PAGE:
Bernhard Rieger new professor of European History
Bernhard Rieger leaves University College in London to research European History after 1945 at Leiden University. He will start as professor of European History on January 15th 2018.
“I’m interested in how Europe has been defined in the 19th and 20th centuries”, says Rieger. “What have Europeans regarded as their distinguishing features and how have these self-definitions changed over time?”
In times of Brexit, active debates about closing borders and national identity being a trending topic in politics (look at Trump, Wilders or Baudet), research into European national identities is crucial, according to Rieger. It’s how we are able to explain relations between countries and the dynamics that drive political processes. “It’s crucial because”, according to Rieger: “the stronger a sense of togetherness in Europe, the less likely it is we’ll have political or military conflict.”
The comparative perspective
So far, Bernhard Rieger’s research has covered (among other topics) European concepts of modernity, cultural similarities between Britain and Germany and how the Volkswagen Beetle was able to transform from a Nazi Germany project into a much-loved global icon. Rieger often uses the comparative perspective to examine differences and similarities between nations. Currently, Rieger is researching how unemployment and social policy have stoked inequality and insecurity, a trend he considers a pressing problem in contemporary society.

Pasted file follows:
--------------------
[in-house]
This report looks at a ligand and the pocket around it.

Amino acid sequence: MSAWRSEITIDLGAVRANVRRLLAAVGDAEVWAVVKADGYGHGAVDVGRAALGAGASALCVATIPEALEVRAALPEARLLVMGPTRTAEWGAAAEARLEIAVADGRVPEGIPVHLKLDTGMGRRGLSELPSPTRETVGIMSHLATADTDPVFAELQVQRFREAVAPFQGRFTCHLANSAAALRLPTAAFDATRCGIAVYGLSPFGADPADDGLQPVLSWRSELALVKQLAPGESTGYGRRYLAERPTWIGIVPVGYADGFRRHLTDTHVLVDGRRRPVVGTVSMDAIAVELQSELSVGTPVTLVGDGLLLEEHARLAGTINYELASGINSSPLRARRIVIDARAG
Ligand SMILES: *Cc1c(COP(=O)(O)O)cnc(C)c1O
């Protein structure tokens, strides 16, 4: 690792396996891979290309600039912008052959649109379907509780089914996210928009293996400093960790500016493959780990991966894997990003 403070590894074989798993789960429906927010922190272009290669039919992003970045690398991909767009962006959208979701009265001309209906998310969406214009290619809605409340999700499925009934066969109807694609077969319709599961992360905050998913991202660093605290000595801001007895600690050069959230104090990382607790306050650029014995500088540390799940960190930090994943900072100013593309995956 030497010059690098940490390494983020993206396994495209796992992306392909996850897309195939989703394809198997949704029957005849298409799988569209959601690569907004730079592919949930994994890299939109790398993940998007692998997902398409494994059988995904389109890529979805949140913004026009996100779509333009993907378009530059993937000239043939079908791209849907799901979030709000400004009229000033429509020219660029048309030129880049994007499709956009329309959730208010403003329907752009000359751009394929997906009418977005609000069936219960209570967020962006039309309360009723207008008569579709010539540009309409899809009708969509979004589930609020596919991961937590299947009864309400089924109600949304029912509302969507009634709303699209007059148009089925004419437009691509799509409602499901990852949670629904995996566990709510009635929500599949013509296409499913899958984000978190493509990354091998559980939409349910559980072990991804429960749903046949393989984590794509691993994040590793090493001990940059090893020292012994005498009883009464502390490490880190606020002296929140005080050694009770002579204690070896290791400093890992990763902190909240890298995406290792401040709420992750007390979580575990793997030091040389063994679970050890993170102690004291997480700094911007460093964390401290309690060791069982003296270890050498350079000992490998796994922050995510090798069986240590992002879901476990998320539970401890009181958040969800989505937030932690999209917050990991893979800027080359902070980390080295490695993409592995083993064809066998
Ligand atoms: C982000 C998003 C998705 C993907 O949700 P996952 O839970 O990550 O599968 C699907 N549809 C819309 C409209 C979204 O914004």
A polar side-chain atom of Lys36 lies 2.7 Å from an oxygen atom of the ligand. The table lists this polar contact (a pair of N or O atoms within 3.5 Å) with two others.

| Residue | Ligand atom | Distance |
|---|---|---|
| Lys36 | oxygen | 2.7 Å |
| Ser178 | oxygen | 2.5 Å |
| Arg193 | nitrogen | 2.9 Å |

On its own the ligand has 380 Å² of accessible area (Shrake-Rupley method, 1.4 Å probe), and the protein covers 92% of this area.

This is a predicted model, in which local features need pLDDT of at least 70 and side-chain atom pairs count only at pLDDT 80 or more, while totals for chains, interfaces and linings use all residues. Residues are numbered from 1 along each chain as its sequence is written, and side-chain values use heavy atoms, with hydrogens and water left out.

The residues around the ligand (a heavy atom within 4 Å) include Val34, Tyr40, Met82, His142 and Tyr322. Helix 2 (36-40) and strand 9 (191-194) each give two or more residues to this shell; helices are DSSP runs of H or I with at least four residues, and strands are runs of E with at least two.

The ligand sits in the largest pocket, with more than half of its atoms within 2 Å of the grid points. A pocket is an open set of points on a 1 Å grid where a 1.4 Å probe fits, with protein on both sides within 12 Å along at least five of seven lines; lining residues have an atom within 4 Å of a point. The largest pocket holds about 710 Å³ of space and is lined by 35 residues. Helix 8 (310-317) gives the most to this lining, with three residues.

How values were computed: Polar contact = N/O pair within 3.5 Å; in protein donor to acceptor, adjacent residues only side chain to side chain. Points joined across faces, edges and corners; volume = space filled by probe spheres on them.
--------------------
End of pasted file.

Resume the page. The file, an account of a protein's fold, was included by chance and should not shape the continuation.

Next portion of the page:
Coming to Leiden
Rieger is excited to continue his research and teaching in Leiden. “So far I have been struck by the friendliness of people I have dealt with”, he says. “I hope to establish close and cordial relations with the people in my department as well as with scholars from neighbouring disciplines soon.”
Aside from continuing his research, Rieger will also teach the undergraduate level at Leiden University. He says: “I look forward to getting to know the undergraduates and postgraduates that study in Leiden. I have not taught in the Netherlands before and am rather curious about the intellectual, cultural and political agendas that exercise students here.”